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Fire and ‘hoot owl’ restrictions start as summer heat sets in

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In response to high water temperatures and low stream flows, several rivers in southwest Montana have been closed to fishing from 2 p.m. until midnight daily. 

Known as “hoot owl” restrictions, the directive was enacted by Montana Fish Wildlife & Parks on July 19. In a July 18 press release, the agency notes that these restrictions were put into effect two weeks later in the season than the previous two years. 

The following stretches of river are subject to the daily closure:

– Lower Gallatin River from its confluence with the Madison River at Three Forks to Sheds Bridge near Four Corners

– East Gallatin River from the bridge at Spring Hill Road to its confluence with the main stem of the Gallatin.

– The Lower Madison River from Ennis Dam to its mouth

– The entire Jefferson River

– Big Hole River from Saginaw Bridge on Skinner Meadows Road to the mouth of the North Fork Big Hole River

– Big Hole River from Notch Bottom Fishing Access Site to its confluence with the Beaverhead River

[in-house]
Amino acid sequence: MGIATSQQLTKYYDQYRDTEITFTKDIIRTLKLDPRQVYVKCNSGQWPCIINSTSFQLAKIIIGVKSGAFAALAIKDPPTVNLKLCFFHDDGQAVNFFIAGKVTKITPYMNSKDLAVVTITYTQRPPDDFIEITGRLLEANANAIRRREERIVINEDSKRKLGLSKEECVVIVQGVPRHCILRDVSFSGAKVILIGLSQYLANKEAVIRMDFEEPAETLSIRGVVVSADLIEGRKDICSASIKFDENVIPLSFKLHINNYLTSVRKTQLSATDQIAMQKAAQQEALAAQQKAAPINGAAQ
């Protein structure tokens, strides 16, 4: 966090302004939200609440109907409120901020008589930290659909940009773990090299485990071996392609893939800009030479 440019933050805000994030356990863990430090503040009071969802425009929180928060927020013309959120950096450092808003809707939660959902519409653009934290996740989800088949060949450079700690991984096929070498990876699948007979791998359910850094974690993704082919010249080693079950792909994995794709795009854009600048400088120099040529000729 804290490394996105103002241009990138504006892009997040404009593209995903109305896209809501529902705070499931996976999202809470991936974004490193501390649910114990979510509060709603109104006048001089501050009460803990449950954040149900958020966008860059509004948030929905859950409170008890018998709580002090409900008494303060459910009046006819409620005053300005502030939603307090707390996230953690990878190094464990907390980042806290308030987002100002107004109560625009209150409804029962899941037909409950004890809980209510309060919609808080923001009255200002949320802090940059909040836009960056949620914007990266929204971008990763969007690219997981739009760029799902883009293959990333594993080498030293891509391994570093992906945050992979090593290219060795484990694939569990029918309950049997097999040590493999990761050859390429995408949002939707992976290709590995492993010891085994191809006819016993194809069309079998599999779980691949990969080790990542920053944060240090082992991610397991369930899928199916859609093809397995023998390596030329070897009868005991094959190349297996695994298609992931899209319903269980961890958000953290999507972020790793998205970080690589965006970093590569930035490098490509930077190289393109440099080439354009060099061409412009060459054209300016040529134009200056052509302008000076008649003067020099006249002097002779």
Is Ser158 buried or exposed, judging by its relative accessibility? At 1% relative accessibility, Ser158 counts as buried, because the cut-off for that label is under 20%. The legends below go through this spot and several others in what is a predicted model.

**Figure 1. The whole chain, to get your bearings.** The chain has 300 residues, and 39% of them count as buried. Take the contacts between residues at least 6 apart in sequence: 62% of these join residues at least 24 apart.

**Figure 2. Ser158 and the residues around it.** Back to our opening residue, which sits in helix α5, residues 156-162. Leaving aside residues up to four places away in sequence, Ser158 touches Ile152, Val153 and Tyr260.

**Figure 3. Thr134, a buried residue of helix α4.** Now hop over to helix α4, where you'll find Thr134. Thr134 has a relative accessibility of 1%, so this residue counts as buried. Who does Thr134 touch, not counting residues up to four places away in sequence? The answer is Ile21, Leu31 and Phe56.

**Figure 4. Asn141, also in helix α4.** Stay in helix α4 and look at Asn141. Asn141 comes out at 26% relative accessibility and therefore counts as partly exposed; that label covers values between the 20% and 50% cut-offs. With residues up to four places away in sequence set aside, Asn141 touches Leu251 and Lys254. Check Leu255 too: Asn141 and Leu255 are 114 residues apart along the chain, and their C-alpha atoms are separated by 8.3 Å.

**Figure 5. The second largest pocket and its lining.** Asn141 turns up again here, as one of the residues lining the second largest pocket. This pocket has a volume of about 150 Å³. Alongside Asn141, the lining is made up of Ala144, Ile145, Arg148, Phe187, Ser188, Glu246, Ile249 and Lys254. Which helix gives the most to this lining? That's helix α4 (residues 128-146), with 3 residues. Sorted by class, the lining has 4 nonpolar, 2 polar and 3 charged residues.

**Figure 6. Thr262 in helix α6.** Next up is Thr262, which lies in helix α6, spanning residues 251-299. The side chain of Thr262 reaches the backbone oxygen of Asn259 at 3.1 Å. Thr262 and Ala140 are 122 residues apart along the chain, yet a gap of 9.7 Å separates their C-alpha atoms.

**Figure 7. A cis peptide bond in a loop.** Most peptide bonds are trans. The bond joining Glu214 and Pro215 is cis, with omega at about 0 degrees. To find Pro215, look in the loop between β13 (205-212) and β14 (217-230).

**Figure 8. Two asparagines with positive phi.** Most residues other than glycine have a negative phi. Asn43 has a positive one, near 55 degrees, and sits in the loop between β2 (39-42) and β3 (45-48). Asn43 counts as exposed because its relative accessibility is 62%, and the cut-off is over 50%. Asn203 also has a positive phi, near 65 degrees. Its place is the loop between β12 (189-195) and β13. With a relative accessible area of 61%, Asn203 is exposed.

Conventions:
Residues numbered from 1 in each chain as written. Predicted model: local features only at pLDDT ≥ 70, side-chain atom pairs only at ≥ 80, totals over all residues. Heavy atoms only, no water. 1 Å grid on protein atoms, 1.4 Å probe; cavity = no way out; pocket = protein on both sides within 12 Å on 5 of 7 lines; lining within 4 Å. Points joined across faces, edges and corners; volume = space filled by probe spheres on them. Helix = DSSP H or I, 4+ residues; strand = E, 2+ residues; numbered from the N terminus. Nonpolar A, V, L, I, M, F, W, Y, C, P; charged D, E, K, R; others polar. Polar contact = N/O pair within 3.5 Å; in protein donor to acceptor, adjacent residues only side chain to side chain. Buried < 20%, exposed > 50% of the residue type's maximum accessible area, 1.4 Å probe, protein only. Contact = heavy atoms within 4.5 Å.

– Lower Beaverhead River from Anderson Lane to its confluence with the Big Hole River.

As of July 19, FWP has not enacted fire restrictions in Region 3—which includes Gallatin and Madison counties, among others—but several other regions have entered into Stage 1 fire restrictions.

Most counties in eastern Montana, which is currently experiencing significant drought, are under Stage 1 fire restrictions. Yellowstone County is under Stage 2 restrictions.

Stage 1 restrictions ban campfires except where specifically exempted and allow cooking fires on propane devices and liquid petroleum gas stoves that can be shut off. Smoking is allowed only in vehicles and areas 3 feet in diameter that have been cleared of flammable materials. 

Stage 2 restrictions include all of the Stage 1 prohibitions. In addition, welding, explosives and using internal combustion engines off of established roads is banned from 1 p.m. to 1 a.m. each day. Generators used in enclosed buildings or in an area cleared of vegetation are exempted.

The restrictions are in response to dry, warm weather that could increase the danger of human-caused wildfires. FWP said they will be in effect until further notice.

FWP sites that could be impacted include fishing access sites, wildlife management areas and state parks. For questions about fire restrictions at a specific state park, check the individual park pages at

For more information about fire restrictions at FWP sites, visit and click on “restrictions and closures.”

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